If you do not run these scans, the question is not if you will get a virus, it is when will you get a virus. For these reasons, it is extremely important to ensure that your anti-virus is kept up to date and run regular scans.

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How to spot phishing emails

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The last couple of years the phishing emails are getting more and more advanced and now might even look like it is from a fellow colleague with signature and everything else.

Luckily, there are still a few things you can check to see if the email is legitimate. 

 
1. Often these emails are rushed, so a first indicator is poor grammar or spelling.

2. Does the email contain a link that you are asked to click on?  Then a good idea is to check if the senders email address and the link address are similar i.e and http://www.mikestoolshop.com. 

If they are not similar then it is most likely they are not legitimate. If the link address is not in clear text, then by hovering your mouse over the link will show the address.

3. Similar to #2, is that often a link in a phishing email contains what might look like the real website but got the malicious website added on top i.e amazon.co.uk.MaliciousWebsite.com

4. A common phishing email is one that looks like it is coming from your bank and it is asking for personal details. Alternatively, they might be asking you to take action and if not, something bad will happen. This is something no bank would do and is an indicator that it is a phishing attempt.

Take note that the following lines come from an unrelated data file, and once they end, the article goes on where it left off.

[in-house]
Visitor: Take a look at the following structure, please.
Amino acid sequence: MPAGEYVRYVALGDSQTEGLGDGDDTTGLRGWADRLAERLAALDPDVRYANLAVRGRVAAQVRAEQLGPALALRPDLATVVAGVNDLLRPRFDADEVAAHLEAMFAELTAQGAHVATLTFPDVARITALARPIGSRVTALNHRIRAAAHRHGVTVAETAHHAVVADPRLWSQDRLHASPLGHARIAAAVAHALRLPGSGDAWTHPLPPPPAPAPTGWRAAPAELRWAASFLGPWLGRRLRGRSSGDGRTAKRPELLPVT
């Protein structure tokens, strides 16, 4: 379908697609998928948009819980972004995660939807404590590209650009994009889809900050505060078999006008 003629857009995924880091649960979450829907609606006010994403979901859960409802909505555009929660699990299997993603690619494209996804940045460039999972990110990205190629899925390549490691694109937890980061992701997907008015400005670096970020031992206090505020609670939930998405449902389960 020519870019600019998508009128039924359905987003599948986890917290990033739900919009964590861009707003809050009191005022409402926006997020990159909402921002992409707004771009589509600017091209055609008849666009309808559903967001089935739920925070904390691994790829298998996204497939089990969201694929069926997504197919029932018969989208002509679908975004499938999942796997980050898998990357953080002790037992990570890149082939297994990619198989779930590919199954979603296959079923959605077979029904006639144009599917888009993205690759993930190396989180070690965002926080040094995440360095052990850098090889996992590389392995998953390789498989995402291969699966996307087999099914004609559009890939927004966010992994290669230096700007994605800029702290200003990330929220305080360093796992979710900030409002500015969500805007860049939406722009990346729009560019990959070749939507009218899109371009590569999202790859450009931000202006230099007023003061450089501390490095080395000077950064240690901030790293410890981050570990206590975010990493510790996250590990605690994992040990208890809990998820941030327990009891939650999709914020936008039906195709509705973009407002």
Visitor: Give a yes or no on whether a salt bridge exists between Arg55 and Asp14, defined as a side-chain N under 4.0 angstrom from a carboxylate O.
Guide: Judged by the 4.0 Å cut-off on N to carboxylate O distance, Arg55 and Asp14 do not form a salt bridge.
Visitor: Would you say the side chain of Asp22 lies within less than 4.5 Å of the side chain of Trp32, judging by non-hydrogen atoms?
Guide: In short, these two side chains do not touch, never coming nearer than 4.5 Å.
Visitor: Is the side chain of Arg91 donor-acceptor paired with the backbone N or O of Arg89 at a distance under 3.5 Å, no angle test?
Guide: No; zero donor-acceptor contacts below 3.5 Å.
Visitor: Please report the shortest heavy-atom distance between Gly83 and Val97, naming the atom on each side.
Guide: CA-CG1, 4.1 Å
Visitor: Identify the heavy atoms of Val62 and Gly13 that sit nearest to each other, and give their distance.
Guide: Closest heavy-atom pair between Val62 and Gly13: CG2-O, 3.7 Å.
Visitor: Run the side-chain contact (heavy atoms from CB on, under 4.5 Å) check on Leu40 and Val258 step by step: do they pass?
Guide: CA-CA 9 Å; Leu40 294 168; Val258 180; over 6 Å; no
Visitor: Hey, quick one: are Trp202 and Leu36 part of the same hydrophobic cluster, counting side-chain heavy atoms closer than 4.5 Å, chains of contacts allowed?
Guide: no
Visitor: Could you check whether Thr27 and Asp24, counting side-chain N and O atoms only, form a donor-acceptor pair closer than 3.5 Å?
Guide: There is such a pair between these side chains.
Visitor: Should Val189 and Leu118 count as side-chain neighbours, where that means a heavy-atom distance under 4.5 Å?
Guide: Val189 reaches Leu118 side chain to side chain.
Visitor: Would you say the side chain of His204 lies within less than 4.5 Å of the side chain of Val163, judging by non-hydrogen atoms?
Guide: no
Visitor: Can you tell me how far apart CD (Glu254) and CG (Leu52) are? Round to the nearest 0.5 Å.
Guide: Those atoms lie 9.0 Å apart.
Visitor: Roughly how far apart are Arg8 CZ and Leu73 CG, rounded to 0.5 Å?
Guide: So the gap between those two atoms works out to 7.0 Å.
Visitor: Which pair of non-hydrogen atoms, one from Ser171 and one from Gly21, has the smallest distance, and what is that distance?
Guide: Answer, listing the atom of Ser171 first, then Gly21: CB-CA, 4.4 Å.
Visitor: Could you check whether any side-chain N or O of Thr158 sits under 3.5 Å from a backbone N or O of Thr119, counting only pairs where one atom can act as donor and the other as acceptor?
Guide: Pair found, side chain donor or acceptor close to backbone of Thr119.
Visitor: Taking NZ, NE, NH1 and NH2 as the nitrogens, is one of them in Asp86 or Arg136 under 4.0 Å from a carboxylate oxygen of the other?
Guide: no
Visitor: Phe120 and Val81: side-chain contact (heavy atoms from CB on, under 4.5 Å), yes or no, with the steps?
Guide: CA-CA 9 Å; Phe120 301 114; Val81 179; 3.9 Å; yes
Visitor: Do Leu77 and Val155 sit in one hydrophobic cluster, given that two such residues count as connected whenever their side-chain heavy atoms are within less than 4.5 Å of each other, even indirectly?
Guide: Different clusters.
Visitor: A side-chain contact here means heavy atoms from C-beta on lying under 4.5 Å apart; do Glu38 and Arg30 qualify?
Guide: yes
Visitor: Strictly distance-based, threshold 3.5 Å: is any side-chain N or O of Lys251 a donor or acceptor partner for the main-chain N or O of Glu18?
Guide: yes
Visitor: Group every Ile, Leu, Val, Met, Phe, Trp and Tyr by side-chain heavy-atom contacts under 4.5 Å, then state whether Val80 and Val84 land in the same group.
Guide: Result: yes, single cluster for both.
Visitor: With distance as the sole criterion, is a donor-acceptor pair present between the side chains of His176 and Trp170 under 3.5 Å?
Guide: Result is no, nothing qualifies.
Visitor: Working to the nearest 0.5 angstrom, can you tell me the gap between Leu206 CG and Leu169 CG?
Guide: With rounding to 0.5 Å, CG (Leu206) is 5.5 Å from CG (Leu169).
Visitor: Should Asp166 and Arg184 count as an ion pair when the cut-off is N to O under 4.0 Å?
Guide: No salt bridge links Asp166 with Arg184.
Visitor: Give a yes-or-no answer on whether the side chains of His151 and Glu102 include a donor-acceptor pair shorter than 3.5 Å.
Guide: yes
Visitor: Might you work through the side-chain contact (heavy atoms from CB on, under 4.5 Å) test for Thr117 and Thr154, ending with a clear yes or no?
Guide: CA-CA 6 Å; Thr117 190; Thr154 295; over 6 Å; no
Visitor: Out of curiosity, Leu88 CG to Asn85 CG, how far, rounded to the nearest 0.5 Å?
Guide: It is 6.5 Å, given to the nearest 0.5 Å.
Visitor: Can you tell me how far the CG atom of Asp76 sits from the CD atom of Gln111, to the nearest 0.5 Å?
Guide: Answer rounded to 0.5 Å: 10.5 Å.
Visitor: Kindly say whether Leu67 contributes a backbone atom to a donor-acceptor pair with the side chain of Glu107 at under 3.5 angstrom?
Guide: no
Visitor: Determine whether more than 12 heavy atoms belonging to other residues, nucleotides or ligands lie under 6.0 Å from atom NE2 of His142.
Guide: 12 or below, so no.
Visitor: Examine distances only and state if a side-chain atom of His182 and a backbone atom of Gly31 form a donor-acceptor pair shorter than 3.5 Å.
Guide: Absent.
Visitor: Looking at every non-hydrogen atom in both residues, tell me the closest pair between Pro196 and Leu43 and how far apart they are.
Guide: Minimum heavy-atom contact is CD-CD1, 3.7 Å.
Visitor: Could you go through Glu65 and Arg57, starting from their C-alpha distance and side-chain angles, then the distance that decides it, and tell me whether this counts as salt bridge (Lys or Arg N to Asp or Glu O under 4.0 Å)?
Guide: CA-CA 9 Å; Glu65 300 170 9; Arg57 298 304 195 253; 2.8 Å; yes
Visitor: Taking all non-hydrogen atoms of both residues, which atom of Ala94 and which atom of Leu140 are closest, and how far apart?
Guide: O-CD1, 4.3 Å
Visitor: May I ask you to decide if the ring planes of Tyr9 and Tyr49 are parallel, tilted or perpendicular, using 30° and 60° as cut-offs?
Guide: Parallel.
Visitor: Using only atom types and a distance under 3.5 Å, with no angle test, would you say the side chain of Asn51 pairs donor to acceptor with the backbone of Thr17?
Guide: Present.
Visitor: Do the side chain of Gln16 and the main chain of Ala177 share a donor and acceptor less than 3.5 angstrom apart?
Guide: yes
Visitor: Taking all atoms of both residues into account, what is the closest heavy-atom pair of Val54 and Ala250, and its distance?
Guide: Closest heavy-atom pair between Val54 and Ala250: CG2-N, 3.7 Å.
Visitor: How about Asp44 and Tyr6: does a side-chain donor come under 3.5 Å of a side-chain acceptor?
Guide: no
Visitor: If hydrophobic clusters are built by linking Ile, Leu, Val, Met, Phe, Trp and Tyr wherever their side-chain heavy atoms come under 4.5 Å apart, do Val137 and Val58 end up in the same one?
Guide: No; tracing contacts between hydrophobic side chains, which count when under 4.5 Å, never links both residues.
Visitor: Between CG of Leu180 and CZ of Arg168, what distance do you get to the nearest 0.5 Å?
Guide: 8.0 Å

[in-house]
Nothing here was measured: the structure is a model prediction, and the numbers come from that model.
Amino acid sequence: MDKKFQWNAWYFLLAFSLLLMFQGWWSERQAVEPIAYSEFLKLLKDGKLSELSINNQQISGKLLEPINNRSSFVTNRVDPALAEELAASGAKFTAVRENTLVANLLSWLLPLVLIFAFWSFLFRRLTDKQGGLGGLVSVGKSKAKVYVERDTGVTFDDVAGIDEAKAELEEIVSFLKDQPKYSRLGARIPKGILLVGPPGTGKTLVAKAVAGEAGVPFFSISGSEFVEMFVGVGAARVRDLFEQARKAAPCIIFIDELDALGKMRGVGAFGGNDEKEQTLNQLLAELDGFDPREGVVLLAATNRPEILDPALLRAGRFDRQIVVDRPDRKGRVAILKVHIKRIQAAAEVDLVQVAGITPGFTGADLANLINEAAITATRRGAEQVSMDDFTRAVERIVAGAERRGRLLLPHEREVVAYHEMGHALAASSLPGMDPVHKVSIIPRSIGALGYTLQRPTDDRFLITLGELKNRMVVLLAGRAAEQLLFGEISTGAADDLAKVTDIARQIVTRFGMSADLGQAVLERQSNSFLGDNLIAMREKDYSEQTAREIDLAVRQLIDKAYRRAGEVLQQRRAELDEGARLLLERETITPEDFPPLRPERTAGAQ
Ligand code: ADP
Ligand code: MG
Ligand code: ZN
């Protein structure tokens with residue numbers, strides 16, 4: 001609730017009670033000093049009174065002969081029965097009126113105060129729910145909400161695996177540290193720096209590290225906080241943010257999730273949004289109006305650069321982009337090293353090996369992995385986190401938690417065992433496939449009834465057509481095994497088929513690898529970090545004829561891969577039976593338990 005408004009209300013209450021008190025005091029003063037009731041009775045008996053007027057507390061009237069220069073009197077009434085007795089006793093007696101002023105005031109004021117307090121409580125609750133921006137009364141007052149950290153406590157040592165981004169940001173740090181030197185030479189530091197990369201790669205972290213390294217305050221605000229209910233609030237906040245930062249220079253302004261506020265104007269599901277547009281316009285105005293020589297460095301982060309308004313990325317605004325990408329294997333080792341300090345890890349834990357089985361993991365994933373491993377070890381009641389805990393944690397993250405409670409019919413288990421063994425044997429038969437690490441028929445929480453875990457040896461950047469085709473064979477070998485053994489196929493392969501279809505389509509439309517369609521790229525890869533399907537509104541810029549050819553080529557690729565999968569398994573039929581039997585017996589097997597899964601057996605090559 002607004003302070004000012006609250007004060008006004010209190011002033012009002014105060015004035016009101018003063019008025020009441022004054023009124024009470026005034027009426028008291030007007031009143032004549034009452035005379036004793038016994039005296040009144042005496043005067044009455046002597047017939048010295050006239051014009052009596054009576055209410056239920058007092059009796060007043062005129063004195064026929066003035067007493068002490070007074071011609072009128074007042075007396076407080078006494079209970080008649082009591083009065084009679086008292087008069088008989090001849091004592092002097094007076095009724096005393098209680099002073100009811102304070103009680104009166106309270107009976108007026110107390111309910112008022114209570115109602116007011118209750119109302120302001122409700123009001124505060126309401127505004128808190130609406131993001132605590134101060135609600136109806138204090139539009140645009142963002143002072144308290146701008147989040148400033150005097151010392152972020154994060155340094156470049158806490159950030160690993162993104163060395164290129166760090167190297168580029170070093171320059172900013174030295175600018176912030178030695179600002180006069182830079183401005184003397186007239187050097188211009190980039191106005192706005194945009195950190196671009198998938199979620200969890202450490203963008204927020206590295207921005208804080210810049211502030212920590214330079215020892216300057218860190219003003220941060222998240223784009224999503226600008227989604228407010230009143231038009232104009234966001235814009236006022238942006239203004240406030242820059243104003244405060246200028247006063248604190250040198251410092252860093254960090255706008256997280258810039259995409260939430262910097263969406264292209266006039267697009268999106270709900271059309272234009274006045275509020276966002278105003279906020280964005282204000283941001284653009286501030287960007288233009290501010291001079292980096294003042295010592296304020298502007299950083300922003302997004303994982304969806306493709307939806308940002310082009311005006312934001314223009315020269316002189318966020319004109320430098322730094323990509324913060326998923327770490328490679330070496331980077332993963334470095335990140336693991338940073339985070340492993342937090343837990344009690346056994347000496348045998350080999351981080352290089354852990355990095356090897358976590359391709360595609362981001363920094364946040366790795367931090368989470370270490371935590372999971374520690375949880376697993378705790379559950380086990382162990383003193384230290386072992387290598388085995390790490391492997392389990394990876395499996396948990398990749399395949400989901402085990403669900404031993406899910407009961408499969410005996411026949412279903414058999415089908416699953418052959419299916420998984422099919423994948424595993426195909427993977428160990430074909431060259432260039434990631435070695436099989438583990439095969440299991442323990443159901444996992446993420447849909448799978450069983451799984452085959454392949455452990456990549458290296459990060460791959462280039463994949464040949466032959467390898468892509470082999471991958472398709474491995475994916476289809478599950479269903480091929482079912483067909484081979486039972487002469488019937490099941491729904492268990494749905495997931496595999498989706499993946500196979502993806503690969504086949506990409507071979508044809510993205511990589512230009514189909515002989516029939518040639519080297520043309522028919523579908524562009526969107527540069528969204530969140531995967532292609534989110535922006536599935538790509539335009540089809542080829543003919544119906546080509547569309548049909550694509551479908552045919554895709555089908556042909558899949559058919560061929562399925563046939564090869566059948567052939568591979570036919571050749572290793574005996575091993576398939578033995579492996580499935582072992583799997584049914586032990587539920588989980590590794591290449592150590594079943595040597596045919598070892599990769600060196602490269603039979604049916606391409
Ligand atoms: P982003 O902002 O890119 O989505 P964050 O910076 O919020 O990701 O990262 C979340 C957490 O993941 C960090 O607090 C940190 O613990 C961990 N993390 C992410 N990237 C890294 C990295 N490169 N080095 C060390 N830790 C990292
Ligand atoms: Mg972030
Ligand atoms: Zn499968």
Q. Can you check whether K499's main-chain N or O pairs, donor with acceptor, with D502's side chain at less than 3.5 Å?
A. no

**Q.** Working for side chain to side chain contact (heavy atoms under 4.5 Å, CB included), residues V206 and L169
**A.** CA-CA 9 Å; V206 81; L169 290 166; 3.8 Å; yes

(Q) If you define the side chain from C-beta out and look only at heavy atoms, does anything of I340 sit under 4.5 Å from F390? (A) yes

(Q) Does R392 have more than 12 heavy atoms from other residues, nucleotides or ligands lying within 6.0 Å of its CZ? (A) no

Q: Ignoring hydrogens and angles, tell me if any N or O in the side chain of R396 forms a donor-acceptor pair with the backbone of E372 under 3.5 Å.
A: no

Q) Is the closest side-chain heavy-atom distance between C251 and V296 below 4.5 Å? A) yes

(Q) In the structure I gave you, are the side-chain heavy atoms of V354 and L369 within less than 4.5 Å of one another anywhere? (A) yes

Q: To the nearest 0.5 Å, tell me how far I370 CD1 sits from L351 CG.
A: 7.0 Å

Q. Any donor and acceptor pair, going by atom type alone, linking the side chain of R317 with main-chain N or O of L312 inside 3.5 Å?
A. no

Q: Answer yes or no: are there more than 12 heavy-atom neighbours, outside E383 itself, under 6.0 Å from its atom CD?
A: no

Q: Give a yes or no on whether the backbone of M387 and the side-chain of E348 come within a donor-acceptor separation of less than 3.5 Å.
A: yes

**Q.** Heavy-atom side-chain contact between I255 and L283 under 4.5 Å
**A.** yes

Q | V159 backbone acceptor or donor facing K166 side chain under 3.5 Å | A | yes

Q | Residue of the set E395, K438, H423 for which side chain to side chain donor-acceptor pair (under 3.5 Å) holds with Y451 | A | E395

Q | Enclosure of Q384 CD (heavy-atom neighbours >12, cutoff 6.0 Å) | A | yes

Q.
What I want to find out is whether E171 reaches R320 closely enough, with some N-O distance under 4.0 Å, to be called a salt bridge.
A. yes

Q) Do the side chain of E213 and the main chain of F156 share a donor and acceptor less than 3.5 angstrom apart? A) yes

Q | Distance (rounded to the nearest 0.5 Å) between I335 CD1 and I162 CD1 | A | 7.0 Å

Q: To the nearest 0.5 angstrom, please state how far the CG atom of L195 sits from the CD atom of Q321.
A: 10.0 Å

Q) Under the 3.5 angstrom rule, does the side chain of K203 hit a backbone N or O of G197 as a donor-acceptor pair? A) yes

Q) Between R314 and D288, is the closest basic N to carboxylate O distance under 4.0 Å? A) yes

5. If an email looks like it is coming from a colleague but asking for money then usually this is a fraud attempt.  Even if you are expecting an email with payment details, it is a good idea to always call the receiver first before making any payments.

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UK Slow Broadband Speeds Compared to Europe

Although BT have been working on pushing out fibre to the country over the last few years, they have failed to hit all of their targets and we are falling behind other countries in terms of broadband speeds. In 2010, it was promised that Britain would have the fasted broadband in Europe by 2015, which was later revised, as it was clear it was not going to happen.

Copper Cables

So, what has caused this? One of the main reasons is our old infrastructure being built on copper wires, which at the time was the fastest way of providing broadband. However now fibre has become mainstream, it is much harder for us to replace the existing cabling, especially in rural areas. BTs solution to this is FTTC (Fibre To The Cabinet) and from there to your house it is still copper wires. This works fine for customers who are close to the cabinet, however for those that are far away from the cabinet, they still experience very slow broadband speeds.

Fibre Cables

You may be thinking, where does the UK rank in terms of top broadband speeds? According to Akamai’s Global Rankings, we are currently 9th in Europe and 15th in the world rankings, as pictured below. We are on the rise however, as we have continued to go up the rankings over the last few years as the fibre roll out has affected more areas of the country.

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GDPR is being put in place in order to tighten Data Protection regulations to safeguard personal data in the modern era of technology. Although the key principles of data privacy will remain the same from the previous policy that was set in 1995, there are many changes and i...

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Press Start Ltd launches new website!

Press Start Ltd is proud to announce the launch of our new website at www.pressstart.co.uk. The goal of the new website is to make it easier for our existing clients to submit and manage support requests, and provide more information about our services for prospective clients.